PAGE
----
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EPA Settles Clean Air Act Case with Martha's Vineyard Company
Release Date: 04/16/2002
Contact Information: Mark Merchant, EPA Press Office (617) 918-1013
BOSTON – The U.S. Environmental Protection Agency announced today it settled a case with the R.M. Packer Co. of Martha's Vineyard for violating petroleum handling and storage regulations.
The company will pay a cash penalty of $200,000 over the next three years. In addition, Packer will install equipment to control emissions of volatile organic compounds at the company's Martha's Vineyard bulk petroleum terminal.
R.M. Packer owns and operates a bulk petroleum terminal in Vineyard Haven on Martha's Vineyard and leases a pier in New Bedford. Petroleum products are shipped to the island via barge from New Bedford. Once on the island, those products are delivered to homes, gas stations and businesses from the bulk petroleum terminal.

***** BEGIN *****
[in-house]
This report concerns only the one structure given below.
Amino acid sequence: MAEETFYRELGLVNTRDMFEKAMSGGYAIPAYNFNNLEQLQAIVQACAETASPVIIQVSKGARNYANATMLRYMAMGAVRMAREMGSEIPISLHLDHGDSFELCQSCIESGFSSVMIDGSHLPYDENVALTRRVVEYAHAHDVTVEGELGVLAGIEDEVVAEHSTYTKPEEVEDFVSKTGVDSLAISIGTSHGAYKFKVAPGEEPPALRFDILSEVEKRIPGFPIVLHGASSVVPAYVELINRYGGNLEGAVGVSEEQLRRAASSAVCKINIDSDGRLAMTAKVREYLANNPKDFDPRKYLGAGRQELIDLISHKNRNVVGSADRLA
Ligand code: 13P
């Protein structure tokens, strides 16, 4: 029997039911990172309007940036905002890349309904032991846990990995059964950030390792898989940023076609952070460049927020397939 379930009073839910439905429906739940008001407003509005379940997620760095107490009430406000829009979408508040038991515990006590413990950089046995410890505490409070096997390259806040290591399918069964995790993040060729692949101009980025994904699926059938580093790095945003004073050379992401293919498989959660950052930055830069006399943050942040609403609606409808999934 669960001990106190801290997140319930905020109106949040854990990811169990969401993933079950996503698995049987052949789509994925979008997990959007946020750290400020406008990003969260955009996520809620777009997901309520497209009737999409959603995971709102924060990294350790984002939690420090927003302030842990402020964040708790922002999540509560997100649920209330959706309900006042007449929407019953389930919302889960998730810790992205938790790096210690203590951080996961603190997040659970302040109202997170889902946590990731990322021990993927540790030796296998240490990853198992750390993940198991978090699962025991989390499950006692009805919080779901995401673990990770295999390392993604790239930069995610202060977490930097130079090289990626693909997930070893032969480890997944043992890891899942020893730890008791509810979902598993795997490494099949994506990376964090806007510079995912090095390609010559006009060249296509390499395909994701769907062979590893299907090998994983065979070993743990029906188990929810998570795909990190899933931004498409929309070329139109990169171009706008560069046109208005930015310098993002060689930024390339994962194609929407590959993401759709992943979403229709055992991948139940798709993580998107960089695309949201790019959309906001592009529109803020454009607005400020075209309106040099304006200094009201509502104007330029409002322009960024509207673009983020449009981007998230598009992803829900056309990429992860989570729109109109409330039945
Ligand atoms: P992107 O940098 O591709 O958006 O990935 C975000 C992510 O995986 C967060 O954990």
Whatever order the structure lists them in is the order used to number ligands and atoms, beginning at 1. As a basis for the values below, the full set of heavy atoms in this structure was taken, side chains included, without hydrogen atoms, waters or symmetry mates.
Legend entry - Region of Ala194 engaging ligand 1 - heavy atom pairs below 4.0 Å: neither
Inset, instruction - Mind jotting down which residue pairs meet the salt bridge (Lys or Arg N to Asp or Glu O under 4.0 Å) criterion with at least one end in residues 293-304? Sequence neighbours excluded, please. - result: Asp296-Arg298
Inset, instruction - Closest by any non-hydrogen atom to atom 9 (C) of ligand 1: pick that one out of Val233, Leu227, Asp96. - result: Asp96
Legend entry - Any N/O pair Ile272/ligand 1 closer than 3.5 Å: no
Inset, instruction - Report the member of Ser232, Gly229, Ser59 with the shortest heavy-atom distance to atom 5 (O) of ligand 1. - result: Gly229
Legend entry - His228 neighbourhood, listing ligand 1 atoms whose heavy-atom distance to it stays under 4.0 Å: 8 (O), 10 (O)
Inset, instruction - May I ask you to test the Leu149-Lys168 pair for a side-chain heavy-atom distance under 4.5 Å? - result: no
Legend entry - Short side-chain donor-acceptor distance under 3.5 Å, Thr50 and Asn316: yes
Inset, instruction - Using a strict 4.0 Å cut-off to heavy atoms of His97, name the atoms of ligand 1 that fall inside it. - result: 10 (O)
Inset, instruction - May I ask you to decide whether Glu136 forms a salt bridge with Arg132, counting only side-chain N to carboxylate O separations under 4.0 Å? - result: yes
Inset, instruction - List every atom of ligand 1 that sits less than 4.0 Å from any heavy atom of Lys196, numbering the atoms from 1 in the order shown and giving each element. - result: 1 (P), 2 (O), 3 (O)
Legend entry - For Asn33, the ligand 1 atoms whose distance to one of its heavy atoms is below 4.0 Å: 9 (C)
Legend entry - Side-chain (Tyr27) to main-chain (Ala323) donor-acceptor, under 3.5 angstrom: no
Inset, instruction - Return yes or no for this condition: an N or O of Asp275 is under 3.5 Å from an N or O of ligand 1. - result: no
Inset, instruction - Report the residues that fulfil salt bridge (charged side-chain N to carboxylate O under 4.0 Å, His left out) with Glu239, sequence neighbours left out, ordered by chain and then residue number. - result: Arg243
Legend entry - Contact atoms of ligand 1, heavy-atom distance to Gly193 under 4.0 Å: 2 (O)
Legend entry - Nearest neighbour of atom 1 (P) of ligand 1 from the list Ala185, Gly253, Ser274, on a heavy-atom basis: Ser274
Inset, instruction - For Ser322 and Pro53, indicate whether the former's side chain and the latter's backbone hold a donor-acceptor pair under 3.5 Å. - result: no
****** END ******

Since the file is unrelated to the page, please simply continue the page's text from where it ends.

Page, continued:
Petroleum products release volatile organic compounds, or VOCs, into the air. VOCs, also known as hydrocarbons, react with nitrogen oxides, or NOx, in the atmosphere to form ozone, or smog. To cut down on air pollution, EPA requires VOC controls. R.M. Packer did not have such control at either its Martha's Vineyard or New Bedford terminals, on the barges that bring the petroleum from New Bedford to the island, or on its delivery trucks on Martha's Vineyard.
The company's failure to control VOC emissions while loading and unloading petroleum resulted in a significant amount of VOCs – about 27 tons a year – to be released into the air in and around the Vineyard and New Bedford.
R.M. Packer also violated testing and record keeping requirements for bulk petroleum transportation companies.